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Thomas Mulcair in Hamilton: Canada Post, jobs, U.S. Steel and more

Tuesday morning CBC Hamilton spoke with NDP leader Thomas Mulcair. He's scheduled for a campaign-style stop in Hamilton Tuesday evening at a rally with supporters including local candidates. It's part of an Ontario tour with a federal election just a few months away.

What the man who could be Canada's next Prime Minister has to say about Hamilton, jobs, Canada Post and more

Federal NDP Leader Thomas Mulcair will speak to supporters in Hamilton on July 21, 2015. (Chris Young/The Canadian Press)

Tuesday morning CBC Hamilton spoke with NDP leader Thomas Mulcair. He's scheduled for a campaign-style stop in Hamilton Tuesday evening at a rally with supporters including local candidates. It's part of an Ontario tour with a federal election just a few months away.

Mulcair and local members of the NDP will be holding a rally at the Hamilton Convention Centre Tuesday evening from 6:30 p.m. to 7:30 p.m.

The tour is part of an eight-day trip across Ontario designed to showcase his team, his policies and his party's momentum in the province.

Mulcair kicked off the tour in Toronto and will also stop in Oshawa, Mississauga, Scarborough, Cambridge, Stratford, Chatham, Windsor, Amherstburg, London, Sarnia, Waterloo, Brampton, Thunder Bay, Sudbury, Sturgeon Falls and North Bay.

Here's an edited and abridged transcript of his interview.

6 Questions with NDP leader Thomas Mulcair

Q. You could have chosen any place in Canada to begin a national election-style tour. Why here?

TM: Hamilton has been a very strong town. Built strong people too who go into politics, whether it's provincially or federally. We've got very deep roots there. I'm going to be coming in to support David Christopherson, who I made Deputy Leader of the Official Opposition. He's also chair of a parliamentary committee. Everyone knows Wayne Marston. He's been doing an amazing job on the issue of human rights. We've got some strong candidates. Chris Charlton is stepping down. But we've got Scott Duvall stepping in to her shoes. And in Hamilton West—Ancaster—Dundas a wonderful man with great experience, vice chair of the school board, Alex Johnstone. (Ed. note: Mulcair mistakenly identified Alex Johnstone as a man. You can read more about Johnstone below.)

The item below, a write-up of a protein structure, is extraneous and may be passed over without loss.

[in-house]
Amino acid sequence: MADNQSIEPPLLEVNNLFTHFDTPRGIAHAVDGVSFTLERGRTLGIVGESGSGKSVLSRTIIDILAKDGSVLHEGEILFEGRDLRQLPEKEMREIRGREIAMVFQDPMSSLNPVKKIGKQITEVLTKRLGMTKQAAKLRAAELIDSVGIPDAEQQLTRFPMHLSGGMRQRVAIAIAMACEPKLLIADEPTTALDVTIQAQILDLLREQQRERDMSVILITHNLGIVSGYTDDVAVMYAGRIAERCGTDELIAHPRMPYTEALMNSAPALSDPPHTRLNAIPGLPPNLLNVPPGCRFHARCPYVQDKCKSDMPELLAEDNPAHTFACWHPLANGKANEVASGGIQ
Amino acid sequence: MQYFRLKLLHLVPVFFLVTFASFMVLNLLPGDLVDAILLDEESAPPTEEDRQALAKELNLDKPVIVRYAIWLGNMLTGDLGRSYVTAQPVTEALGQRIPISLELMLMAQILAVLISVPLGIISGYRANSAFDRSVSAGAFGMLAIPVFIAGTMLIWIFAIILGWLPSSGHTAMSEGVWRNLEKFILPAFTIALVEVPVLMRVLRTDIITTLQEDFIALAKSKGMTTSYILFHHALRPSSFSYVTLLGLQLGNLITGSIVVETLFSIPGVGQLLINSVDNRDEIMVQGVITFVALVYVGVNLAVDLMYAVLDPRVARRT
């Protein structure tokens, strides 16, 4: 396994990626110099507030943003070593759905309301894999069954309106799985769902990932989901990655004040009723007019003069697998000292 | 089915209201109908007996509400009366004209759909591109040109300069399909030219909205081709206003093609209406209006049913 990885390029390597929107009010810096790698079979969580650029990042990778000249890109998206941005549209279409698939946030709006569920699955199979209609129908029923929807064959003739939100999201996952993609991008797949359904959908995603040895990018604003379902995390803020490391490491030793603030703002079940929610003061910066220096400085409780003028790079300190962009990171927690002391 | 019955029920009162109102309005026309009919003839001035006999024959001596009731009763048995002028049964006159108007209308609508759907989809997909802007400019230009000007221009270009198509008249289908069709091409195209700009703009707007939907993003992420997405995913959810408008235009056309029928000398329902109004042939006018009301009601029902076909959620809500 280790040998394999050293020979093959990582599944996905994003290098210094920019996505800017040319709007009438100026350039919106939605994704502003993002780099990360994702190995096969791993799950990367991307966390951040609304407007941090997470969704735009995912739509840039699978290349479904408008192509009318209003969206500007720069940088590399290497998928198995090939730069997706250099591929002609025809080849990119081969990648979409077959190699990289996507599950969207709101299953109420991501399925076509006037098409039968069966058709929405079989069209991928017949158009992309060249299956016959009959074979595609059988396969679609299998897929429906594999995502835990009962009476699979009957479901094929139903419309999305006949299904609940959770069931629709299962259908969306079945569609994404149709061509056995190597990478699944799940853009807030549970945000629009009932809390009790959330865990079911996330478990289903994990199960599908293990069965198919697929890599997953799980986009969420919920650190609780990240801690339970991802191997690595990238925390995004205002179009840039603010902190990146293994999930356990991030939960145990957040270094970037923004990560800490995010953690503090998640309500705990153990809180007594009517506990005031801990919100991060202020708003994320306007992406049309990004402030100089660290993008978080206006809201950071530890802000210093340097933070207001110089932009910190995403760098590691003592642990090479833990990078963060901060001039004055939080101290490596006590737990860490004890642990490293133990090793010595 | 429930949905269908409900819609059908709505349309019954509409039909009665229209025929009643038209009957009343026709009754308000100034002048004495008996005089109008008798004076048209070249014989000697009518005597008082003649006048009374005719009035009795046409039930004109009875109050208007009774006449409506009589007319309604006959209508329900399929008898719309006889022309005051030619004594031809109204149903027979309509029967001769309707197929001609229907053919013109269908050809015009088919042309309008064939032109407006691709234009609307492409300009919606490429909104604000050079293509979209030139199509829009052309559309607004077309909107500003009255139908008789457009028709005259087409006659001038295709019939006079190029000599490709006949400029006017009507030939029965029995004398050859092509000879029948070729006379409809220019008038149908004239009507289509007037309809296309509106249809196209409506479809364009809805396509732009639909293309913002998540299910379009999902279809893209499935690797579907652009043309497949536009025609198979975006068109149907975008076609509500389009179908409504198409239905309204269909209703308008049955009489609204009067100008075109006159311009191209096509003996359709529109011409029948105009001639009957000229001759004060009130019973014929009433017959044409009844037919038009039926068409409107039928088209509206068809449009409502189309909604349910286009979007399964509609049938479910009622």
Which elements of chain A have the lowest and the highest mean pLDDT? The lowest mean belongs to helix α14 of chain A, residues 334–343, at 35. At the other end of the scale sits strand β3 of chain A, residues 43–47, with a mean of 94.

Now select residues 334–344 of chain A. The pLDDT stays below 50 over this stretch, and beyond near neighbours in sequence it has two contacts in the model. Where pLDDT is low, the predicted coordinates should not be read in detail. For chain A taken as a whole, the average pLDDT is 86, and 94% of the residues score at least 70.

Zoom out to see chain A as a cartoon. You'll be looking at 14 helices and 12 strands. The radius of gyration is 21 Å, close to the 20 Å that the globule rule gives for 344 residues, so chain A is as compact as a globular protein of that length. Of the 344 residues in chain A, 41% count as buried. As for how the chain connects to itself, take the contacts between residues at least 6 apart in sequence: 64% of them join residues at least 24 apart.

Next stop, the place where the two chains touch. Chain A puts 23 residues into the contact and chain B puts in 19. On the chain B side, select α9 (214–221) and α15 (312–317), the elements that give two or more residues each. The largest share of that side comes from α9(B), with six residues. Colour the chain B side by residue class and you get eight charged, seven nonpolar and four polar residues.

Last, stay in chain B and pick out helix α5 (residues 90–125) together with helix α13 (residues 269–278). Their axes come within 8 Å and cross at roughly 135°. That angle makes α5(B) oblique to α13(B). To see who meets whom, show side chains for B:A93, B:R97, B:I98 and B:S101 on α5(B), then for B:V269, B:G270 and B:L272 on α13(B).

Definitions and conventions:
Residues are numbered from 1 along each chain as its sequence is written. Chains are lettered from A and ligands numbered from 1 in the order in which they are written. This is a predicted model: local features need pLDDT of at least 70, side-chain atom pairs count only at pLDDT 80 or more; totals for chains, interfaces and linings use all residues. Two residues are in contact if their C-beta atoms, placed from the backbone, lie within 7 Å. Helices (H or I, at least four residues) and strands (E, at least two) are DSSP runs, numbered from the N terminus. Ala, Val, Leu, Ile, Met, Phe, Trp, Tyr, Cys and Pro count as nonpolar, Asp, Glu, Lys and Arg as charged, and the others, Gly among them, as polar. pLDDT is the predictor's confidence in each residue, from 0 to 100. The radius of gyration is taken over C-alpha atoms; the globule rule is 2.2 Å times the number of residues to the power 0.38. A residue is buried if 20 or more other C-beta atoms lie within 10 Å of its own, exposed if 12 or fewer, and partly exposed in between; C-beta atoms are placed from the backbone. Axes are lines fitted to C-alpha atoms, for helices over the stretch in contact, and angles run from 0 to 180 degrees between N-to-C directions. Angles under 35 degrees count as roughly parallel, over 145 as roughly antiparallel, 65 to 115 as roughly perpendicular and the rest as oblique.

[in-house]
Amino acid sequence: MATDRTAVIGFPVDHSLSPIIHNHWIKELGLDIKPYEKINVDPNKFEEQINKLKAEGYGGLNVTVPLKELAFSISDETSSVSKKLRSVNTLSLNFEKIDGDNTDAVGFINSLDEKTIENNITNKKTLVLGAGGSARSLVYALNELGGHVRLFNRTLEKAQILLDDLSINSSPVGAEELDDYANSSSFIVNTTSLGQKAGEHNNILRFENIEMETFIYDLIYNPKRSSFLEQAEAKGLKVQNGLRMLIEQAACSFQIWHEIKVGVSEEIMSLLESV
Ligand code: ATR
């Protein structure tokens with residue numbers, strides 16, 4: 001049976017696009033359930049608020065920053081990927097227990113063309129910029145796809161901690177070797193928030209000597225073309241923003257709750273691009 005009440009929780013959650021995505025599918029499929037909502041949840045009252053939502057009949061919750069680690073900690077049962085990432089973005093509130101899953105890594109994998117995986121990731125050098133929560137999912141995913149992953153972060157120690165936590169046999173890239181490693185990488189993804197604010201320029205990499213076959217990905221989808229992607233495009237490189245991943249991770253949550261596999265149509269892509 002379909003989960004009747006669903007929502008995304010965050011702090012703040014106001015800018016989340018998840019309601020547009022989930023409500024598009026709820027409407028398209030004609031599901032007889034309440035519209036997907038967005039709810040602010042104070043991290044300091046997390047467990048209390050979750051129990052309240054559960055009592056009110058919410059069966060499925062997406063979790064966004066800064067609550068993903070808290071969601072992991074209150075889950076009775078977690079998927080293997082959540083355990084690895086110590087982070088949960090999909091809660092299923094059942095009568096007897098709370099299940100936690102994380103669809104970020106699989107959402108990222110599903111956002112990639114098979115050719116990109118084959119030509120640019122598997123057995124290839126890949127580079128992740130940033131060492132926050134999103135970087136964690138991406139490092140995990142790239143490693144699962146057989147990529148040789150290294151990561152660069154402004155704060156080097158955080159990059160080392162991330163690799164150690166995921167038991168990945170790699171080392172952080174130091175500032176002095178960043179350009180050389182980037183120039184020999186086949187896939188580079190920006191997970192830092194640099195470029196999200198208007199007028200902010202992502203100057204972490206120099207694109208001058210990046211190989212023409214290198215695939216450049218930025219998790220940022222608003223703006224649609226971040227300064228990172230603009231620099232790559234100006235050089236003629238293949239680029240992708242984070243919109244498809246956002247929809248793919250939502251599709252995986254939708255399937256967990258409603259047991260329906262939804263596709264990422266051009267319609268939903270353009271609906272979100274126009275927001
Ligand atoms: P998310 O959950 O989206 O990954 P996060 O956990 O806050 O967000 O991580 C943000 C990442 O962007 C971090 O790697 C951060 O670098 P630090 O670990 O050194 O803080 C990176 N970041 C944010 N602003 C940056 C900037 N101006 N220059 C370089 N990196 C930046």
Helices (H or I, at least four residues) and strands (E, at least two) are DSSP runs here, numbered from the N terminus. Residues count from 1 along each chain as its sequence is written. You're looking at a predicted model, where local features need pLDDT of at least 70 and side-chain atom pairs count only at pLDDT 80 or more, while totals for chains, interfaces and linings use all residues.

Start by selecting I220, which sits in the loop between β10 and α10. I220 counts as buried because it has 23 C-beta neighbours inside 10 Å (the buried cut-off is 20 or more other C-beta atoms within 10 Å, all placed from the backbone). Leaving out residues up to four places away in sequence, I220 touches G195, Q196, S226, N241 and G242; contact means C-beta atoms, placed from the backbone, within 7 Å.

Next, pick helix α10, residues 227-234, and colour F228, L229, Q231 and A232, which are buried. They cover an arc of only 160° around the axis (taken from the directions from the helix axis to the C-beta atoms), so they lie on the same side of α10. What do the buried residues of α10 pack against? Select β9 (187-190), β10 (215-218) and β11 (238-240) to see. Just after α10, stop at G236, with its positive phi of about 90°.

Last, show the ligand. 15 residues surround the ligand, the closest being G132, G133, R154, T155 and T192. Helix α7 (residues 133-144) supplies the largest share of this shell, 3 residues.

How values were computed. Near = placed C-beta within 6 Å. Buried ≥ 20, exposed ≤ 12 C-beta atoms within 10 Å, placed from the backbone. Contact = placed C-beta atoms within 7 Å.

We're proud of the team we're putting together to fight for the issues that are important to people like affordable, quality child care, like a $15 an hour federal minimum wage, like bringing the retirement age back to 65. These are clear ideas that are resonating very well.

The NDP won a stunning victory in Alberta in May. What has been missing for the NDP to have that kind of success in Ontario?

We worked so hard across Quebec and people were saying we'd never break through in Quebec. And we did. They were saying the same thing in Alberta and in May Rachel Notley and an incredible crew formed a strong, stable majority government. We're looking for the same surprise on October 19. We love the reaction we're getting across Ontario. As my wife, Catherine, and I travel we're hearing that people do want change and can actually get it. For the first time in Canadian history it's not a race between the two old-time parties. The NDP is the official opposition and is being looked at as the government in waiting.

Hamilton NDP MP David Christopherson told us in May the NDP would kill Canada Post's plan to eliminate door-to-door service. Why should Canada Post go back to door-door delivery?